Anna Nicole Smith Suspected in Murder for Hire Plot

MIAMI -- The FBI investigated whether Anna Nicole Smithplotted to kill her tycoon husband's son as they battled for hisfather's fortune, but the former Playboy Playmate who died in 2007was never prosecuted, newly released files show.

FBI records, obtained exclusively by The AssociatedPress, say the agency investigated Smith in 2000 and 2001 in amurder-for-hire plot targeting E. Pierce Marshall, who was at thecenter of a long legal fight to keep the starlet from collecting his father's oil wealth, valued in thehundreds of millions.

The younger Marshall died three years ago ofnatural causes.

The documents released under the Freedom of Information Actdepict an investigation going on as the fight raged over J. HowardMarshall II's estate.

Vast sections of the 100 pages of releasedmaterials - a fraction of Smith's full FBI file - are whited out,and no evidence of her involvement in such a plot is detailed.

There is no indication how authorities became aware of anyalleged scheme, but agents interviewed Smith on July 3, 2000.

Toldwhy she was being questioned, "Smith began crying and denied evermaking such plans," a report said.

"Smith adamantly denied ever contemplating such a crime," anagent wrote, and prosecutors eventually agreed the case could notgo forward.

An April 26, 2001, letter to the FBI from Sally Meloch,an assistant U.S. attorney, said she reviewed the reports but"determined that there is insufficient evidence to establish thatthere was a murder-for-hire plot by Ms. Smith to kill PierceMarshall."

Reached at her Los Angeles office on Tuesday, Meloch didn'trecall the case, but said, "Any investigations that we didn'tproceed with, we couldn't comment on anyway."

An attorney for Smith's estate, Kent Richland, was surprised bythe allegations.

"I have not heard anything about that," he said.

An attorney for the Marshall estate, including for the youngerMarshall's widow, said he couldn't immediately comment.

Smith was 26 when she wed the 89-year-old Marshall, owner ofGreat Northern Oil Co., whose wealth was estimated by Forbes to be$550 million in 1992. They met while she was a topless dancer at aTexas strip club.

He died of natural causes in 1995, little more than a year afterthey wed. His son died in 2006 at age 67 of an infection and Smithdied of a drug overdose a year later at age 39 after collapsing inher South Florida hotel room.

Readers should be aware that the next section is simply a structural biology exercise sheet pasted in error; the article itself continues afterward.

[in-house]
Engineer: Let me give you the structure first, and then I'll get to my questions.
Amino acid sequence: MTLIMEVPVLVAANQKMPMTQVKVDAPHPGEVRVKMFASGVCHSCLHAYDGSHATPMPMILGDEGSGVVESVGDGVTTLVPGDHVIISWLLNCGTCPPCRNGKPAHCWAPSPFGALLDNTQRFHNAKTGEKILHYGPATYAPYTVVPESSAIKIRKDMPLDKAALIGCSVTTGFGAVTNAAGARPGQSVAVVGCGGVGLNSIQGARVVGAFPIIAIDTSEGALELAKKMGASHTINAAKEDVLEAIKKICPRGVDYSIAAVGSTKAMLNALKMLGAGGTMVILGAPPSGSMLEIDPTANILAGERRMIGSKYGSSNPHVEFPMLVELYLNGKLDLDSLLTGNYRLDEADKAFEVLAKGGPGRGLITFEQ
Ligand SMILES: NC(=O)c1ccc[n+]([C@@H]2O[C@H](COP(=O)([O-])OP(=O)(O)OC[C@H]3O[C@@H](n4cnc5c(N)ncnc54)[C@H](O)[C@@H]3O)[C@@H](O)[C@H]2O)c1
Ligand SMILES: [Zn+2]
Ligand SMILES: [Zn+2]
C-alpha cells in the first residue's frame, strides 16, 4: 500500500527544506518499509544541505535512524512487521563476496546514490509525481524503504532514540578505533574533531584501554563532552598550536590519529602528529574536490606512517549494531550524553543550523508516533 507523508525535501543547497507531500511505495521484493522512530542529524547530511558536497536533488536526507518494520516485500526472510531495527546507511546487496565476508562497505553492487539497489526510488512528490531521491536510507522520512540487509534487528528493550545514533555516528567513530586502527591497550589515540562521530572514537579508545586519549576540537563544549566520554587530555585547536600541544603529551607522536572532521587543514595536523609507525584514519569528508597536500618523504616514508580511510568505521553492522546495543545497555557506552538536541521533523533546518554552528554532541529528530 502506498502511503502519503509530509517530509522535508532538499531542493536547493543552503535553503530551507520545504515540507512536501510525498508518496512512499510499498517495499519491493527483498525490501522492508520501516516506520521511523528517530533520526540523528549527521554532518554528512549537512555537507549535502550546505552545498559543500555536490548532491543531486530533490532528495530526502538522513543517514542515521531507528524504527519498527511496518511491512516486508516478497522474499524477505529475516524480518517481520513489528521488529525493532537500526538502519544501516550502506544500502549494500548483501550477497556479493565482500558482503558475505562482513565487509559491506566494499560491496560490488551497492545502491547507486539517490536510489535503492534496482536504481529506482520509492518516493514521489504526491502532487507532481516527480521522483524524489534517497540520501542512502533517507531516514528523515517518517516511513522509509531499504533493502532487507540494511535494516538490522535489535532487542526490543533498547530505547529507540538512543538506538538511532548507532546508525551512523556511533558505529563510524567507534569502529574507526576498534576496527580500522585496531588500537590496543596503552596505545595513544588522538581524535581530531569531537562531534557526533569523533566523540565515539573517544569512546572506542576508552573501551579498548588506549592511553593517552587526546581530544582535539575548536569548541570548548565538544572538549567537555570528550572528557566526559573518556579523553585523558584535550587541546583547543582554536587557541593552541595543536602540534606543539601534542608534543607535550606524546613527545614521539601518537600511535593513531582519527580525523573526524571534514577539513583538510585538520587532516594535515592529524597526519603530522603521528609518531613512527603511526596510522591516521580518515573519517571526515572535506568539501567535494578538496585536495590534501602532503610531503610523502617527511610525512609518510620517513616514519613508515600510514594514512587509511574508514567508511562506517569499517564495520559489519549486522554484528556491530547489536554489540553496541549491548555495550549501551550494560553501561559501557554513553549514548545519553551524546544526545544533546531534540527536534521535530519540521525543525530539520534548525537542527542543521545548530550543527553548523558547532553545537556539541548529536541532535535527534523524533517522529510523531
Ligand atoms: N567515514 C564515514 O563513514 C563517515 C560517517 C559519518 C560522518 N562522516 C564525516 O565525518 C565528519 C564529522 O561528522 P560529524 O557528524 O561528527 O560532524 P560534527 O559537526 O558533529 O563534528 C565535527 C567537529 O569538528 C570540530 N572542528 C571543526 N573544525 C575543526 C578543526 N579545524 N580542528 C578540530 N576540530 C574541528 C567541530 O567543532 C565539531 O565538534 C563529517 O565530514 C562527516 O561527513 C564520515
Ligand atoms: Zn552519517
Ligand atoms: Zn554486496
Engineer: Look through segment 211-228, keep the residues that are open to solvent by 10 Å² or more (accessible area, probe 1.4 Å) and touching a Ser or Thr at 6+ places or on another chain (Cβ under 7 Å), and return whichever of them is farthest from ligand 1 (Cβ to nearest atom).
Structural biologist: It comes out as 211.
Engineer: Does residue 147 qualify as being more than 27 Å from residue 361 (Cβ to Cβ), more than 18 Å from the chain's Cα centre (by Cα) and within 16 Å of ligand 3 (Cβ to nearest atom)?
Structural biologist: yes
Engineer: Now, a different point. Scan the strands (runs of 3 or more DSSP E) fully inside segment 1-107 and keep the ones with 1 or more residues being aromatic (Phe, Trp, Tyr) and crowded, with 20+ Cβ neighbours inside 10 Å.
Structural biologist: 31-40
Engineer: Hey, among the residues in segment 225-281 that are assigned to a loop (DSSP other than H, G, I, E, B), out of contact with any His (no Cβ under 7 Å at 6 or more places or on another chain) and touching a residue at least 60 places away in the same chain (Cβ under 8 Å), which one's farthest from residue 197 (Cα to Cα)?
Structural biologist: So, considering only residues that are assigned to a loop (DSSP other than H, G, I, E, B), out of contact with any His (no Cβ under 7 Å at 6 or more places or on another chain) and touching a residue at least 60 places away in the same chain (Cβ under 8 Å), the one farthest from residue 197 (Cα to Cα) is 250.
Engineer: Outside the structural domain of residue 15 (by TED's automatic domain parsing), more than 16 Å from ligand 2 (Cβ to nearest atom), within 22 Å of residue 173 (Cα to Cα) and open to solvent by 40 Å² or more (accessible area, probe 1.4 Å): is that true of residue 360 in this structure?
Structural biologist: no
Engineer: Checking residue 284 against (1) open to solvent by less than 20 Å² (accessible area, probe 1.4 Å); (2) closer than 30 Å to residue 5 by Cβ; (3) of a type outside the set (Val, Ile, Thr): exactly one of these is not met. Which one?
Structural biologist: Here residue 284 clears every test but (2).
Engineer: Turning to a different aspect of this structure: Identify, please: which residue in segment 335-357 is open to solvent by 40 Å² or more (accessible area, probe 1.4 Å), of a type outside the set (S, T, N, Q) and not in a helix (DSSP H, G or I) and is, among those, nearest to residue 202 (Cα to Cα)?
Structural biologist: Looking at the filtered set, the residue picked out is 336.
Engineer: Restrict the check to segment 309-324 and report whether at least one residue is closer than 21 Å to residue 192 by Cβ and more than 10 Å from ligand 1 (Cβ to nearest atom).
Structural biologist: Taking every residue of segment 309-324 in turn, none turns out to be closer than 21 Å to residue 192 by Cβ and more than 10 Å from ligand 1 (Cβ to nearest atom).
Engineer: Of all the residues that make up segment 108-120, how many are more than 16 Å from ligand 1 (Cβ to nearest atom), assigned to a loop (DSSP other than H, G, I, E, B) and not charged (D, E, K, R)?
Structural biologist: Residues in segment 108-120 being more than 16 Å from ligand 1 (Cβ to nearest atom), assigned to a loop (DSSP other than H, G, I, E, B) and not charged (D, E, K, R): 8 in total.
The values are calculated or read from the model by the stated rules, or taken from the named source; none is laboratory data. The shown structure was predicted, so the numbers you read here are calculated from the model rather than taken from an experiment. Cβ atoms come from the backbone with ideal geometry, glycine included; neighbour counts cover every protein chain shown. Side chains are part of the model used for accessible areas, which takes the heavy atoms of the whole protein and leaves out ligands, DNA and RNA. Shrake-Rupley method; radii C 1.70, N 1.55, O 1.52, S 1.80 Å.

The FBI files show a .357-caliber Smith and Wesson revolver wasconfiscated from Smith's home, along with a 3½-inch stainless steelknife and, for reasons that were not explained, a black and orangehat described as "Dr. Seuss." All three objects were returned toher about seven months later.

Agents reviewed tape recordings of phone calls involving Smithduring their investigation, though transcripts were not included inthe released materials. Among the things that were included wereagents' scribblings in spiral-bound notebooks, accounts of Smith'spast arrests for drunken driving and battery, and an interview ofthe younger Marshall.

In that June 27, 2000 interview, Marshall said Smith rarelyspent time with his father after their 1994 marriage and said hisfather complained that she asked for $50,000 to $60,000 twice aweek.

Smith's lawyer and companion Howard K. Stern and two doctors,Dr. Sandeep Kapoor and Dr. Khristine Eroshevich, are charged inCalifornia with helping the model obtain drugs that ultimatelykilled her. All have pleaded not guilty.

The dispute between Smith and the Marshall estate has bouncedaround courts for years.

The Supreme Court ruled unanimously in 2006 that Smith couldpursue her late husband's fortune, overturning an appellatedecision, which continues to be fought in California. The moneybecame a factor after Smith's death, too, with Stern, her mother,and another boyfriend all fighting over an estate that ultimatelywill go to her daughter, who is now 3.

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